HE’S become the story of the athletics world championships, the Botswana runner who’s beaten a virus, a temporary ban and red-tape to make this morning’s 200m final.
And while there was no fairytale finish to win gold, Isaac Makwala still captured the hearts of the athletics world after being banned by the IAAF (International Association of Athletics Federations) from running in the 200m heats and the 400m final because he was staying in a team hotel where an outbreak of a gastro virus occurred.
He’d claimed he was no longer sick and even turned up the stadium before the final, only to be denied* entry.
But on Thursday he got a last-minute chance to race again after being granted a solo time trial to see if he could qualify* for the 200m semi-finals.
With the rain pouring down, Makwala ran on his own in lane seven and comfortably went under the targeted time of 20.53 sec, clocking 20.20 sec much to the delight of the crowd who’d cheered his every move.
Two hours later he was back for the first semi-final, running with the other runners in lane one and finishing second to qualify for the final.
Makwala raised his arm to the sky as he crossed the line in celebration, clocking 20.14 sec to make him the third fastest qualifier.
“I put everything on God after what happened yesterday,” he said. “I’m still running with my heart broken.
“I wish the IAAF had given me the decision to run the 400m first. I was ready to run. I don’t know who made the decision. 400m is my reason for training.
“I’m running with anger. 400m is my race. But thanks to the crowd, they were amazing.”
More than 30 athletes and staff from a number of countries have been impacted by the virus at the Tower Hotel in London.
The IAAF ruled that Makwala’s “quarantine* period” had ended which is why they left the door open for him to qualify for the 200m.
His case was helped by the intervention* of IAAF president Sebastian Coe who had “massive sympathy” for the Botswana runner.
“No one from the IAAF is showing a lack of empathy* with Isaac, far from it in fact,” Coe said.
“We have massive empathy for him as he worked so hard to get here.”
In the final this morning, however, Ramil Guliyev from Turkey, shocked everyone by out-sprinting both Makwala and favourite Wayde van Niekerk. Makwala finished sixth.
OTHER MEMORABLE ATHLETIC ACHIEVEMENTS
The Botswana runner’s determination is reminiscent* of other athletes who have fought against the odds in competition.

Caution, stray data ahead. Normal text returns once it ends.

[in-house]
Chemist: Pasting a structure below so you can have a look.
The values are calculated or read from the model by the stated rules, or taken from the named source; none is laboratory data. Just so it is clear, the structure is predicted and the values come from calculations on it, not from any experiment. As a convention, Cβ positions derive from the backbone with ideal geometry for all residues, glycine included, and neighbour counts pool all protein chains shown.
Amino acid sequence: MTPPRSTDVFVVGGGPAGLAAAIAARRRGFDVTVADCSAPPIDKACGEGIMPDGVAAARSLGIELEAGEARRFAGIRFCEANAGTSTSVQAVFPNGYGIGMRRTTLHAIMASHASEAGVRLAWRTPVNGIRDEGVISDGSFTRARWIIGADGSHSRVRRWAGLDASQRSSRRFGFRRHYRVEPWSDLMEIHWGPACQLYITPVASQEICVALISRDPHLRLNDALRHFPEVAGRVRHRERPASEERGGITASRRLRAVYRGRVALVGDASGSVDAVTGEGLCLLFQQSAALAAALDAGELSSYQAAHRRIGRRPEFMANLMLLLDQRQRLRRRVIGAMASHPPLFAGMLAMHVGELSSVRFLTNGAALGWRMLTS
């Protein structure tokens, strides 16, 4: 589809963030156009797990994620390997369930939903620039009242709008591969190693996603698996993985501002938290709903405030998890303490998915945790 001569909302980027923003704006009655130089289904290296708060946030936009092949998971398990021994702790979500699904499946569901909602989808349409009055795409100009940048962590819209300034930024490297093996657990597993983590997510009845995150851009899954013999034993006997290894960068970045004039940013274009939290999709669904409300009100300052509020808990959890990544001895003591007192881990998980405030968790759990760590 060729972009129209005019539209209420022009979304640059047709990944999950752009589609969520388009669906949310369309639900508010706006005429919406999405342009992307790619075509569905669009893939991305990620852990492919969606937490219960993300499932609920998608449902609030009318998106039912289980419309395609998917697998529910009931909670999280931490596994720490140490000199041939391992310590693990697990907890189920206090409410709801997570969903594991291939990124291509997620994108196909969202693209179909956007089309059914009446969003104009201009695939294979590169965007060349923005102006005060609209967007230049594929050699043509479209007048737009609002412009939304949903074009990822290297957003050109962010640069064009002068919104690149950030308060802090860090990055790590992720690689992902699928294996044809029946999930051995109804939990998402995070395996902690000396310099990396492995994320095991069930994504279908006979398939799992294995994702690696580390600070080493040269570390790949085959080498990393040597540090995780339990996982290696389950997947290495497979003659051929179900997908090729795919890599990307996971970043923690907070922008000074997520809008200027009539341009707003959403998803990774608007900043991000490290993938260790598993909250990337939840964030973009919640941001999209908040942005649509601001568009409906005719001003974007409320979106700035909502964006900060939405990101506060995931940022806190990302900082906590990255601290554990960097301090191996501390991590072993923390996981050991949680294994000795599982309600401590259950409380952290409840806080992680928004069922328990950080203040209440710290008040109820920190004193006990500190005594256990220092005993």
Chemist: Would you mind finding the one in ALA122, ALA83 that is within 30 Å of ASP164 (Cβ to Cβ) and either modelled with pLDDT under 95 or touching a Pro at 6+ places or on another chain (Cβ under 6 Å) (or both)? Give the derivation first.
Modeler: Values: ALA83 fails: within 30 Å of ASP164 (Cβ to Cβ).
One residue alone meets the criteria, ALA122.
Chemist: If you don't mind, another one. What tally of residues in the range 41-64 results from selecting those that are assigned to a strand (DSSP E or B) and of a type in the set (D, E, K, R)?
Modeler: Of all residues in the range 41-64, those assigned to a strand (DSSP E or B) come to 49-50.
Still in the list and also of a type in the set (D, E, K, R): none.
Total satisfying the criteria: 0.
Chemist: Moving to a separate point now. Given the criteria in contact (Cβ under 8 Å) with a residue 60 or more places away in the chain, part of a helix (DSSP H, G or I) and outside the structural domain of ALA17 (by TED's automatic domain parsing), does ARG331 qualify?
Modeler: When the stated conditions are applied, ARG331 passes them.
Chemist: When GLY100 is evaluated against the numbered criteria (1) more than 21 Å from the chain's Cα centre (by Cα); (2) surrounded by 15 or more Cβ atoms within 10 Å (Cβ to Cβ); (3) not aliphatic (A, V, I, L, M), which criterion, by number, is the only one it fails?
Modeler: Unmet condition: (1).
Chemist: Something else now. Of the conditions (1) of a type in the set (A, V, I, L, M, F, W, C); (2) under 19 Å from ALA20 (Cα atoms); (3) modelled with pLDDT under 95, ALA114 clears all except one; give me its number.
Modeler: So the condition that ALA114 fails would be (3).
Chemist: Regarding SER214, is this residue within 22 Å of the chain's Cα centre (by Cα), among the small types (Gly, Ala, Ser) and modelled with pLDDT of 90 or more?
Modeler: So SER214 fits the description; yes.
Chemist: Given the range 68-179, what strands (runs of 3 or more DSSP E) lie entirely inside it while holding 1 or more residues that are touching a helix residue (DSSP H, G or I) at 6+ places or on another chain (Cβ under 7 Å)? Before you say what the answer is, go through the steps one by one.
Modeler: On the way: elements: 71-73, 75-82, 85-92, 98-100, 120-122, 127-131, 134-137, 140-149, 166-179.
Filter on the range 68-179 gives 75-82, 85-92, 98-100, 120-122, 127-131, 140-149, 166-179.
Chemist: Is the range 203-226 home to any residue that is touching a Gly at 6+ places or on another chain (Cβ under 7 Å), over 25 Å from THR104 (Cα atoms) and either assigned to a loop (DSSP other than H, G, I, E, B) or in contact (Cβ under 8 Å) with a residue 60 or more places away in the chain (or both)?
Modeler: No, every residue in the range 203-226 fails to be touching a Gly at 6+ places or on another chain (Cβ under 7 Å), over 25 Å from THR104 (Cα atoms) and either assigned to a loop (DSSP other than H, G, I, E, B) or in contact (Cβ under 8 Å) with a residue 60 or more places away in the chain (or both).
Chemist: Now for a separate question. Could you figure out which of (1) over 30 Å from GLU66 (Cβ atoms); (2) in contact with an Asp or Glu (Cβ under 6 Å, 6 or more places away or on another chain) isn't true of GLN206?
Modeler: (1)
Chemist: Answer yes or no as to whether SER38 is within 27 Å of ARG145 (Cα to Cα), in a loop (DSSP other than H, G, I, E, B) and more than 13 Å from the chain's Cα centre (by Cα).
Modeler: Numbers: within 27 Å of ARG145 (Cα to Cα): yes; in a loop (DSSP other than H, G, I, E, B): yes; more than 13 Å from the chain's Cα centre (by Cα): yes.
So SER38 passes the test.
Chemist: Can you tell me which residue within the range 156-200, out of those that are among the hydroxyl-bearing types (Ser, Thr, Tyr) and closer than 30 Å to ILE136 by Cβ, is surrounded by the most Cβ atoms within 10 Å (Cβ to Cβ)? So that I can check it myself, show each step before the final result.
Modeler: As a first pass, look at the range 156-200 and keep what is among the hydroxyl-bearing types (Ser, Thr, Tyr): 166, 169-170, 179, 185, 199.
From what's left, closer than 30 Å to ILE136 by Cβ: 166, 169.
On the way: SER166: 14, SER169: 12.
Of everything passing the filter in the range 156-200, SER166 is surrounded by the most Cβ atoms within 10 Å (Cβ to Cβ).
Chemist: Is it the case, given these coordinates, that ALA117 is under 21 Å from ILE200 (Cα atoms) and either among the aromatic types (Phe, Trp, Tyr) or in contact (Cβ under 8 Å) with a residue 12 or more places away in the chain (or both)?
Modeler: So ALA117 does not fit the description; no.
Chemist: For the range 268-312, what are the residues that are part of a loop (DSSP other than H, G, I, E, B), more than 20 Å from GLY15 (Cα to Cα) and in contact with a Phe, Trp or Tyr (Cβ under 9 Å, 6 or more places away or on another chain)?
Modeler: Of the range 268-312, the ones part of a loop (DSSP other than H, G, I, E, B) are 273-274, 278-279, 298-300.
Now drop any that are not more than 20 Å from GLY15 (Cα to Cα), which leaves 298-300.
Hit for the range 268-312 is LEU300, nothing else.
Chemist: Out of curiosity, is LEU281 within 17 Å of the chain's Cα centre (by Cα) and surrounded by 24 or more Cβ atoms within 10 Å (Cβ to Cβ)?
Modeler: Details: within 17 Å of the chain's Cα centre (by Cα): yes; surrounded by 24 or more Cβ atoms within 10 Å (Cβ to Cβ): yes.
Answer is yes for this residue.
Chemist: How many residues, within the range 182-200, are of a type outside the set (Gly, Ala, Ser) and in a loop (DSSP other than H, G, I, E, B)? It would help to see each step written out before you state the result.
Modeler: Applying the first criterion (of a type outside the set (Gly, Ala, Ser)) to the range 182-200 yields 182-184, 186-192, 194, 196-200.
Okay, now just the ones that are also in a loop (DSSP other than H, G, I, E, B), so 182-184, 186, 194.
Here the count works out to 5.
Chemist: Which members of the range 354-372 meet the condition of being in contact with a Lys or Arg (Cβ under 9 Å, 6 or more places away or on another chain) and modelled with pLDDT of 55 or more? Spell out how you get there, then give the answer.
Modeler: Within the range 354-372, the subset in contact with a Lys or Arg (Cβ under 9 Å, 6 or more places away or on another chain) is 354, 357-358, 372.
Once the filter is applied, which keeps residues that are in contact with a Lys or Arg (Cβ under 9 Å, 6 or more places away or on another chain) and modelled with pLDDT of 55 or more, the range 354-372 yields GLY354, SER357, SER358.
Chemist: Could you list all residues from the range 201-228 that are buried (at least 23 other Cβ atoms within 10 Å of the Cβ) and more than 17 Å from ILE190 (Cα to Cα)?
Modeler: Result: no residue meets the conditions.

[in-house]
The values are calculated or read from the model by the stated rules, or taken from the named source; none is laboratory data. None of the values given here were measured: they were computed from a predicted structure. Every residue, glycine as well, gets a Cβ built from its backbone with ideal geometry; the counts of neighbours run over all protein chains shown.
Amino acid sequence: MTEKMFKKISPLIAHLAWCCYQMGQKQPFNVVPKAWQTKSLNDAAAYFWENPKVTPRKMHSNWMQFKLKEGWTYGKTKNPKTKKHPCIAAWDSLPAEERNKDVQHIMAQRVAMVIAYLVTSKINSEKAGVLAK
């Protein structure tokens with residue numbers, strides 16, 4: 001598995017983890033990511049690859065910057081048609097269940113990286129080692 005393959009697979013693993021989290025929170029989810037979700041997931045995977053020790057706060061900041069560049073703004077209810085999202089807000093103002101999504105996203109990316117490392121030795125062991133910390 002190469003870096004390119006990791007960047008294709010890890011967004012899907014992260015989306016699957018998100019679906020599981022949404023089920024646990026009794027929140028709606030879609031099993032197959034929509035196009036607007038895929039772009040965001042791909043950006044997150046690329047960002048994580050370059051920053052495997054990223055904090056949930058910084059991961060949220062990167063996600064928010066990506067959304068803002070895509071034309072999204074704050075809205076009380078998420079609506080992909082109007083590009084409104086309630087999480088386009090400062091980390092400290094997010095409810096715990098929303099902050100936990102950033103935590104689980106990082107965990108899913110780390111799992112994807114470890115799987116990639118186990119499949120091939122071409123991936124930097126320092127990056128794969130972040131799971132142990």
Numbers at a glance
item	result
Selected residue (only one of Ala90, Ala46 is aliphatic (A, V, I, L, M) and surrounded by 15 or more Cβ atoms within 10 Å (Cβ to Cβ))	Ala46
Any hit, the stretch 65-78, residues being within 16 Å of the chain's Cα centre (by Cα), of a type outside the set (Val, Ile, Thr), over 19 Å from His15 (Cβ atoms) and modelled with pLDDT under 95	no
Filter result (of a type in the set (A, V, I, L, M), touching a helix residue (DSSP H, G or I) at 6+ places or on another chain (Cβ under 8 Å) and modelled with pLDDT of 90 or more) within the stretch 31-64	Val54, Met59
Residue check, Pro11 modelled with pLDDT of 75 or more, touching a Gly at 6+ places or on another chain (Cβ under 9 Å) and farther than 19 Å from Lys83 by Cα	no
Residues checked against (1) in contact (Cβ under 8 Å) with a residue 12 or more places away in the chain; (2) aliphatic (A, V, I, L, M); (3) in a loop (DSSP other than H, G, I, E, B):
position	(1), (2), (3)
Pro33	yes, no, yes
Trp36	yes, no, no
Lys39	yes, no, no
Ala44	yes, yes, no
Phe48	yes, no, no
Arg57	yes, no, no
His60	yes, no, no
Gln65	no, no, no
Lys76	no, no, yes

ERIC THE EEL
Swimmer Eric Moussambani Malonga, from Equatorial Guinea, had never seen an Olympic sized swimming pool before arriving at the 2000 Sydney Olympics to swim in the 100m freestyle.
He gained international fame after winning his heat in a time of 1:52.72 — the slowest time on record for the event, but a personal best for Eric and a national record for his country. When his two heat competitors were disqualified for jumping early, Eric won his heat and the hearts of the Olympic audience. He failed to progress to the next stage.
EDDIE THE EAGLE
The British skier captured the attention of the world for his tireless effort to make it into the Winter Olympics. In 1988, he competed for Great Britain in ski jumping at the Calgary Olympics in Canada. He was the first UK representative to qualify for the event since 1929.
But he didn’t win. In fact, he finished last in both the 70m and 90m events but his story and determination just to compete won over the crowds.
Last year a biographical comedy drama movie starring Hugh Jackman was released about Eddie.
qualify: get into
empathy: feel what someone else feels
reminiscent: looks like
LISTEN TO TODAY’S STORY
Activity 1. Understanding the story
• Why was Isaac Makwala banned from running in the 400m final?
• Why was he allowed to run a 200m race?
• What was unusual about this race?
• What was the result of this unusual race?
• What did Isaac achieve in the following race?
In the story you read about other athletes who fought against the odds.
What can we learn from these people?
List the positive things that people like Eddie the Eagle, Isaac Makwala and Eric the Eel can teach us.
Use these points to write a story for younger students about these athletes.
The purpose of your story is to help the students understand the good qualities of these athletes that they can focus on in their own lives.
You could create a picture book.
Time: allow 80 minutes to complete this activity
Curriculum links: English, Personal and Social Capability, English, Visual Communication and Design
Imagine that you are Isaac Makwala.
Write a letter to the IAAF explaining why you think that their decision to ban him was wrong.
Imagine that you are Sebastian Coe, President of the IAAF.
Write a letter back to Isaac explaining why you banned him from the 400m final and his original 200m heat.
Time: allow 50 minutes to complete this activity
Curriculum links: English, Health and Physical Education, Critical and Creative Thinking
(Vocabulary, Connectives, Openers, Punctuation)
Not only are you an amazing writer, you are a superstar swimmer and runner!
You are going to race against Eric the Eel and Isaac Makwala today.
You will need a timer to race against Isaac Makwala.
Have a partner press the start timer.
Then you must write as many vocabulary words in 20:20 seconds.
Then as many openers as you can in 20:20 seconds.
And finally, as many connectives as you can in 20:20 seconds.
Once you’ve raced against Isaac, it’s time to take on Eric the Eel!
This time, you need to use some of the words you’ve formed racing Isaac and put them into some sentences. You have one minute and 52 seconds to do this!
Can you beat Eric the Eel? Ready, set go!
Time: allow 15 minutes to complete this activity
Curriculum links: English, Big Write, VCOP